Vietnam’s stock market will continue to face a strong wave of capital divestments by foreign investment funds this year, an analyst predicted.
Vietnam’s stock market has enjoyed a long, four-month winning streak, and by the end of April had become one of this year’s fastest growing markets in the world. Investors were happy and investment funds were optimistic, with improved net asset values.
Positive signals from the stock market seemed a solid testament to the government’s economic policies. But then May arrived.
For investors, May is famous for the saying, “Sell in May and go away.” However, with the VN Index reaching a recent peak of 492.44 points, nearly everyone had forgotten the saying. Landmarks of 500 and 600 points were frequently mentioned.
But then the unexpected happened. In eight consecutive sessions beginning May 9, the VN Index lost over 10 per cent of its value.
Hoa Binh Securities Co analysts have attributed the plunge to three factors. First, the stock market has risen for a long period without a significant adjustment and the prices of many shares were no longer bargains. Second, the optimism of investors had gradually been eroded by concerns that economic growth had stagnated. The central bank’s efforts to cap lending interest rates were not seen as very effective as the number of businesses reporting losses, halting production or filing bankruptcy had increased dramatically.
Finally, the troubled global economy, worsened by the eurozone debt crisis, had forced many foreign investors to withdraw capital from emerging markets. In Vietnam, foreigners in May continuously sold large-cap stocks which significantly affected the movements of the VN Index, including shares of Vietcombank (VCB), insurer Bao Viet Holdings (BVH) and real estate developer VinGroup (VIC).
In our opinion, the continuous sales by foreign investors were the primary cause. And we predict that Vietnam’s stock market will continue to face a strong wave of capital divestments by foreign investment funds this year.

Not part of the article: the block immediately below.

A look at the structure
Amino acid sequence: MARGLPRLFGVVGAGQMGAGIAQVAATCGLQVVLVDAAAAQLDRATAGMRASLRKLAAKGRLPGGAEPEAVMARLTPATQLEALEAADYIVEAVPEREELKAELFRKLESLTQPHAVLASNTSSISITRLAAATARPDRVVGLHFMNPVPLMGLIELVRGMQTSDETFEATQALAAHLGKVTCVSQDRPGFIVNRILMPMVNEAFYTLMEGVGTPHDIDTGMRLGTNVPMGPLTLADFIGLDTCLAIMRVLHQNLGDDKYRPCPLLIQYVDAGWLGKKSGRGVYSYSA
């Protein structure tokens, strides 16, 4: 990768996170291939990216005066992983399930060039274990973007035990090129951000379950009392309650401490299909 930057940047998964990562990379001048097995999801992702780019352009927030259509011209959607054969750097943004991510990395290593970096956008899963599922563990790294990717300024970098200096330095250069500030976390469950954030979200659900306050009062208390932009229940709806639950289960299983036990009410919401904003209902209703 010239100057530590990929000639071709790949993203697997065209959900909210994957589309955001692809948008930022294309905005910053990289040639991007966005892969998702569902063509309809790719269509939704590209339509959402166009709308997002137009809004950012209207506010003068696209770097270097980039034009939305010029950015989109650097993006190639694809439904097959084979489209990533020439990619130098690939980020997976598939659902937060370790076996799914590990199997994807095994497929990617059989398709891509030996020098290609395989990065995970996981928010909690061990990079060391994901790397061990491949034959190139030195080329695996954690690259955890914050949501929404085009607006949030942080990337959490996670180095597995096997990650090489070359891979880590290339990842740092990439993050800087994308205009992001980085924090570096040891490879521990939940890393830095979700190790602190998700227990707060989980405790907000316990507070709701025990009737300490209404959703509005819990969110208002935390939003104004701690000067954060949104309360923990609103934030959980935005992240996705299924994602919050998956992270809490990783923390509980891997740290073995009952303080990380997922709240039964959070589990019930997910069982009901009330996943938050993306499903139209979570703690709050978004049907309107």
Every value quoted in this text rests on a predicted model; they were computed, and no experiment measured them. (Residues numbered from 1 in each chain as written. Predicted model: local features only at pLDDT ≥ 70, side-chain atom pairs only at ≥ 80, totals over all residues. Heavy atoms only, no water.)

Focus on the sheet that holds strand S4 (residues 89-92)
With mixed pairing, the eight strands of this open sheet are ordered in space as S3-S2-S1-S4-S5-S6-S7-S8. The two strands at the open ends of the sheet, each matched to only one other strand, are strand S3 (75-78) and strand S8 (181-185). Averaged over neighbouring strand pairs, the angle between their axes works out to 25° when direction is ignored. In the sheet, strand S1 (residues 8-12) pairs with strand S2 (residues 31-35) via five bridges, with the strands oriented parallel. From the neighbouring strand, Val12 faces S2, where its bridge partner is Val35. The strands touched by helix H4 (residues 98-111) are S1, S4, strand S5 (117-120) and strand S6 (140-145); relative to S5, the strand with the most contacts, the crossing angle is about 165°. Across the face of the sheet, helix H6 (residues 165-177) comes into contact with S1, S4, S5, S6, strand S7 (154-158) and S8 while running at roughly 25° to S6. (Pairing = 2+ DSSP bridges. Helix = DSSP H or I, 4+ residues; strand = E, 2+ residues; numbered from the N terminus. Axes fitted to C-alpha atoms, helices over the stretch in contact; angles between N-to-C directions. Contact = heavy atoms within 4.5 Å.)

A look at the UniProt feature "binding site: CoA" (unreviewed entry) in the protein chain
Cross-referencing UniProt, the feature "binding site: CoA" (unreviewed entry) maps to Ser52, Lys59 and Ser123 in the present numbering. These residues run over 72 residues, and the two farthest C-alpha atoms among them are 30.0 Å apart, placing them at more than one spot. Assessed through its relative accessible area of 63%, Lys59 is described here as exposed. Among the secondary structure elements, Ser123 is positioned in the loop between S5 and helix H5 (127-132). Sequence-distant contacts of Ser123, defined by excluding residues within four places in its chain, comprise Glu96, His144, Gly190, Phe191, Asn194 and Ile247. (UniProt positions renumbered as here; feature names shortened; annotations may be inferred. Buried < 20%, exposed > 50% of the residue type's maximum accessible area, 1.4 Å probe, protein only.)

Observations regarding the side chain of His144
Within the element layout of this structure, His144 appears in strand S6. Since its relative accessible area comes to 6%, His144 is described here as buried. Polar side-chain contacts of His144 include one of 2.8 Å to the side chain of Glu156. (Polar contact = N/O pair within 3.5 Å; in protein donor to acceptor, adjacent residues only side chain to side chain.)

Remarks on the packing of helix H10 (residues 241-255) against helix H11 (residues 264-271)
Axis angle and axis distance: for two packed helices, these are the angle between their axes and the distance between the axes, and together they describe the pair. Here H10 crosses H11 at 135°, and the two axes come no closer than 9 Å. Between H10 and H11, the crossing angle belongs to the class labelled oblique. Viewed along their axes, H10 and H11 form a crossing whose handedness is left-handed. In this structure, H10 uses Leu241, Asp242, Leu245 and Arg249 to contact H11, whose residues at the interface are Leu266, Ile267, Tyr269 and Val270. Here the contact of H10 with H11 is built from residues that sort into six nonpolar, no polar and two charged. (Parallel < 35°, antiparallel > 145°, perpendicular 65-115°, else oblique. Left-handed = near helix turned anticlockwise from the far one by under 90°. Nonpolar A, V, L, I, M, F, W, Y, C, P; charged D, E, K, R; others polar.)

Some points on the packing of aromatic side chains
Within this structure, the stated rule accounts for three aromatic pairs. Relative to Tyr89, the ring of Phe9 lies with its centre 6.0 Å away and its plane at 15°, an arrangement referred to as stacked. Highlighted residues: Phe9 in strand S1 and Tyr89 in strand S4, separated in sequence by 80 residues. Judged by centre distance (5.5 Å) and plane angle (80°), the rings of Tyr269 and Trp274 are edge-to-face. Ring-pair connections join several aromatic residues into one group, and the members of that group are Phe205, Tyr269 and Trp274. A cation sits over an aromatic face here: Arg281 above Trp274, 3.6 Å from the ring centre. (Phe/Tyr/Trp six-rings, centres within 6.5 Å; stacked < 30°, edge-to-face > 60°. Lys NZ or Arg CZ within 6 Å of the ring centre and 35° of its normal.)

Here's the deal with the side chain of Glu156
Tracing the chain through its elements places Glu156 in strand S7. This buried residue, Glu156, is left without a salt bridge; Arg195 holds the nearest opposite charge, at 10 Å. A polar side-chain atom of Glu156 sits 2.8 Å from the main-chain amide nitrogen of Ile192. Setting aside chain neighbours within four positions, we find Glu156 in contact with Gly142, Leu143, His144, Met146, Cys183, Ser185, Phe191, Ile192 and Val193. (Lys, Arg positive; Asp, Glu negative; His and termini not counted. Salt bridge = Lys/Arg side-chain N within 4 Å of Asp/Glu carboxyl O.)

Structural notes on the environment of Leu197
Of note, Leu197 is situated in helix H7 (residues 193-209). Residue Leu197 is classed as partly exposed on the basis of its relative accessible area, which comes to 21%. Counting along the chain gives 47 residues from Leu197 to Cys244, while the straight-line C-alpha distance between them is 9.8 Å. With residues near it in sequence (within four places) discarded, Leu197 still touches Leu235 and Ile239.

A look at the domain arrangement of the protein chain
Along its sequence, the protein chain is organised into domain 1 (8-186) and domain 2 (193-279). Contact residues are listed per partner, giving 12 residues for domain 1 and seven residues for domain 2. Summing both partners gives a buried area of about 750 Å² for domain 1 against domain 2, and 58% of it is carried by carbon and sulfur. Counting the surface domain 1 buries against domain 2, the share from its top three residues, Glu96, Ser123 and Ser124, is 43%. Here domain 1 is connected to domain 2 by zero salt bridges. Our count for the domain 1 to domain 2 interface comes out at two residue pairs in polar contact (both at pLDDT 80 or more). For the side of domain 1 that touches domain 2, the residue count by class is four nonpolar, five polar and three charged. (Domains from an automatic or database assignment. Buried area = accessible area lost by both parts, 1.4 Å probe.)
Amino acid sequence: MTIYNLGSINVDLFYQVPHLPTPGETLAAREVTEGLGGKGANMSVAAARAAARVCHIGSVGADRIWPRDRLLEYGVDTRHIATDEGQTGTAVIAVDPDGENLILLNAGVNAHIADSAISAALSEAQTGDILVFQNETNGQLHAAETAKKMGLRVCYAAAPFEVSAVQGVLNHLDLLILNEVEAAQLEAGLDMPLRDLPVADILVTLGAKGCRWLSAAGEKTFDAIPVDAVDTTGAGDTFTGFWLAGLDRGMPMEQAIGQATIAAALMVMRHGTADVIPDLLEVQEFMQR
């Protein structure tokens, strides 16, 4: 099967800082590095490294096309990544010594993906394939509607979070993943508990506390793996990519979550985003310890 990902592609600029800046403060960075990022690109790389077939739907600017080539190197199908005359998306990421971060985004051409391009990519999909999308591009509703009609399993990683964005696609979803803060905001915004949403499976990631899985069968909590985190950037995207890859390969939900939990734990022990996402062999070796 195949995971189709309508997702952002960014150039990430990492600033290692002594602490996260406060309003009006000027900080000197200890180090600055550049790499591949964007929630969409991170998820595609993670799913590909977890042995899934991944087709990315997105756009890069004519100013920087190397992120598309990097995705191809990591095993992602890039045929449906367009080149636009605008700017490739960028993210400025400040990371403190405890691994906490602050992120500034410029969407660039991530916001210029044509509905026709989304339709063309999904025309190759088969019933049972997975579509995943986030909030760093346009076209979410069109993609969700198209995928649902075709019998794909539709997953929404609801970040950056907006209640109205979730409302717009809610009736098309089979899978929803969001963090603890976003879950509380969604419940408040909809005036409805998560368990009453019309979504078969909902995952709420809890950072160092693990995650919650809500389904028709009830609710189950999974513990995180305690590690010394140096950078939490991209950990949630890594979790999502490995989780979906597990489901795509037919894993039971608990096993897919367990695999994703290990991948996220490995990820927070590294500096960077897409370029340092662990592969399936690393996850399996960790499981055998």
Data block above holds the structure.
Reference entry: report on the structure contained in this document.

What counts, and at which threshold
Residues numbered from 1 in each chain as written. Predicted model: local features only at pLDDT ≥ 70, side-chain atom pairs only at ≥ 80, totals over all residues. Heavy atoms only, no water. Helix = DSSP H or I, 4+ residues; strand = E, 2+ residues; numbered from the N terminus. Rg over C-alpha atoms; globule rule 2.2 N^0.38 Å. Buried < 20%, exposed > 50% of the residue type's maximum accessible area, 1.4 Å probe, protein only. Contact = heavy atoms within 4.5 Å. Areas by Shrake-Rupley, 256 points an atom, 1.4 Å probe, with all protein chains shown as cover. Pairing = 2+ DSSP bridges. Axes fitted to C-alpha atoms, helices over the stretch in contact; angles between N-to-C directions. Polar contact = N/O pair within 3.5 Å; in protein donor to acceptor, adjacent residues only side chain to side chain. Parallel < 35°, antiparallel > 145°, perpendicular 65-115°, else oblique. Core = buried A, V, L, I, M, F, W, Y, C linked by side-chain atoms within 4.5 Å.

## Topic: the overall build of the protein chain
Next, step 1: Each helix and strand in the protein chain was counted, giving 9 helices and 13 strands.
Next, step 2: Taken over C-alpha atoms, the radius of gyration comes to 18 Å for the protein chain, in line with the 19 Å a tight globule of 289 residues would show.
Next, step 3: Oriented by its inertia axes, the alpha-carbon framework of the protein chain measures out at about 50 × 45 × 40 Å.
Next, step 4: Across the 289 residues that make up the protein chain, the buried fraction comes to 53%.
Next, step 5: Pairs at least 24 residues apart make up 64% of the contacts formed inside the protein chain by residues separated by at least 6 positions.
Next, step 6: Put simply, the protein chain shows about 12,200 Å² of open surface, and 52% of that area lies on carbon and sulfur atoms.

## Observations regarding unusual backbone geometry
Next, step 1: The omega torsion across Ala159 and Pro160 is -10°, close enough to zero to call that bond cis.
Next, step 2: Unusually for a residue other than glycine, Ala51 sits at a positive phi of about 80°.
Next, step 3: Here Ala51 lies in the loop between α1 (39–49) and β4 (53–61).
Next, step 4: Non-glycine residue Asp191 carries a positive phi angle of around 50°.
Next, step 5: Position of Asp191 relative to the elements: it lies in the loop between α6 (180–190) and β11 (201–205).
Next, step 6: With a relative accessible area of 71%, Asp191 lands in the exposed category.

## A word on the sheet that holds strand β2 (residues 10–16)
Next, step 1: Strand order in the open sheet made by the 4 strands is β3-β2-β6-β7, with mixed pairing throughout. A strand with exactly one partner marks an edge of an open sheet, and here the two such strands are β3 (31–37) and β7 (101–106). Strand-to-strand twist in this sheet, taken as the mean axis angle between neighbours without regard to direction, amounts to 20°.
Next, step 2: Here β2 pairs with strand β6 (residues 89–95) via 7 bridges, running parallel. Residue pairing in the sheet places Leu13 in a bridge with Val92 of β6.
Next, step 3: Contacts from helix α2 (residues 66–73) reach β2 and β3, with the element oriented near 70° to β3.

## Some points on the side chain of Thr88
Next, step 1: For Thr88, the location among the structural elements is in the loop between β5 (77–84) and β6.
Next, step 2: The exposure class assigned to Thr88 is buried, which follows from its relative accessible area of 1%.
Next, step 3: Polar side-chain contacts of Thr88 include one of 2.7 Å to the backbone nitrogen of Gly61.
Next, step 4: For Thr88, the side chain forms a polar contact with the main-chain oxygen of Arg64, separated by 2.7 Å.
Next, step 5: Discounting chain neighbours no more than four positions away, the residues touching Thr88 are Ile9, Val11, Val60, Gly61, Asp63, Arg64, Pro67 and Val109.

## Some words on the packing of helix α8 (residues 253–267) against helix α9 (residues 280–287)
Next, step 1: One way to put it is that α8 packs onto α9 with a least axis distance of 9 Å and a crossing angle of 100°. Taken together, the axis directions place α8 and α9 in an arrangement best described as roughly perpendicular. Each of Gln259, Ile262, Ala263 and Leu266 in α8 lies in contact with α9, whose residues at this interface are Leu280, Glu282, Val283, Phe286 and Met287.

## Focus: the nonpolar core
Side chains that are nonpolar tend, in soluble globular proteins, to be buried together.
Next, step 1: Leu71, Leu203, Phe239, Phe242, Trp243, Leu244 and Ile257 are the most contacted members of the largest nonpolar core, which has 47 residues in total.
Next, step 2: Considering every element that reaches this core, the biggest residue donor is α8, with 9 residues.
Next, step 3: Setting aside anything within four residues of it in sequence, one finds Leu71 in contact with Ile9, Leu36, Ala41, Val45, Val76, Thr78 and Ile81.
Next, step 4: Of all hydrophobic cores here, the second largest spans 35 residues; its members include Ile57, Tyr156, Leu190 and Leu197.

Dragon Capital’s VGF and VEIL funds, the combined assets of which reached $628 million in May, currently control substantial holdings in such blue chips as BVH, VIC, food processor Masan Group (MSN), developer Hoang Anh Gia Lai Co (HAG), Phu My Fertilisers (DPM), software giant FPT and Military Bank (MBB). These stocks are all likely to be affected by upcoming sales by these funds.
According to some fund managers, the recent additional listing of 1.78 billion shares by Vietcombank (VCB), making it the leading share on the market, as well as the listing of PetroVietnam Gas (GAS), has affected the restructuring of portfolios by exchange-traded funds (ETFs).
The latest data from Bloomberg shows that money is being pulled out of emerging markets worldwide, totalling $5.1 billion in just one week from May 10-16 in 12 countries and territories. In Japan, $1.92 billion was withdrawn during the period, while over $1 billion was pulled from markets in Taiwan and South Korea, $573 million from Brazil, nearly $300 million each from Australia and Mexico, and $156 million from China.
In Vietnam, foreign investment funds have withdrawn $2.4 million since the beginning of this year. Based on percentages, Vietnam could top the list for foreign divestments.
In the current economic context, the stock market is still an attractive investment channel. But, after May’s sharp fall, many investors have became more cautious about the future of the market. The influence of blue chips and pressures behind movements by investment funds should be closely monitored.
In June, the market is forecast to return to equilibrium and share prices will fall back to reasonable levels. Economic policies, including a stimulus package for businesses, lower interest rates, and lower fuel prices, are also expected to help stimulate the market in the coming months.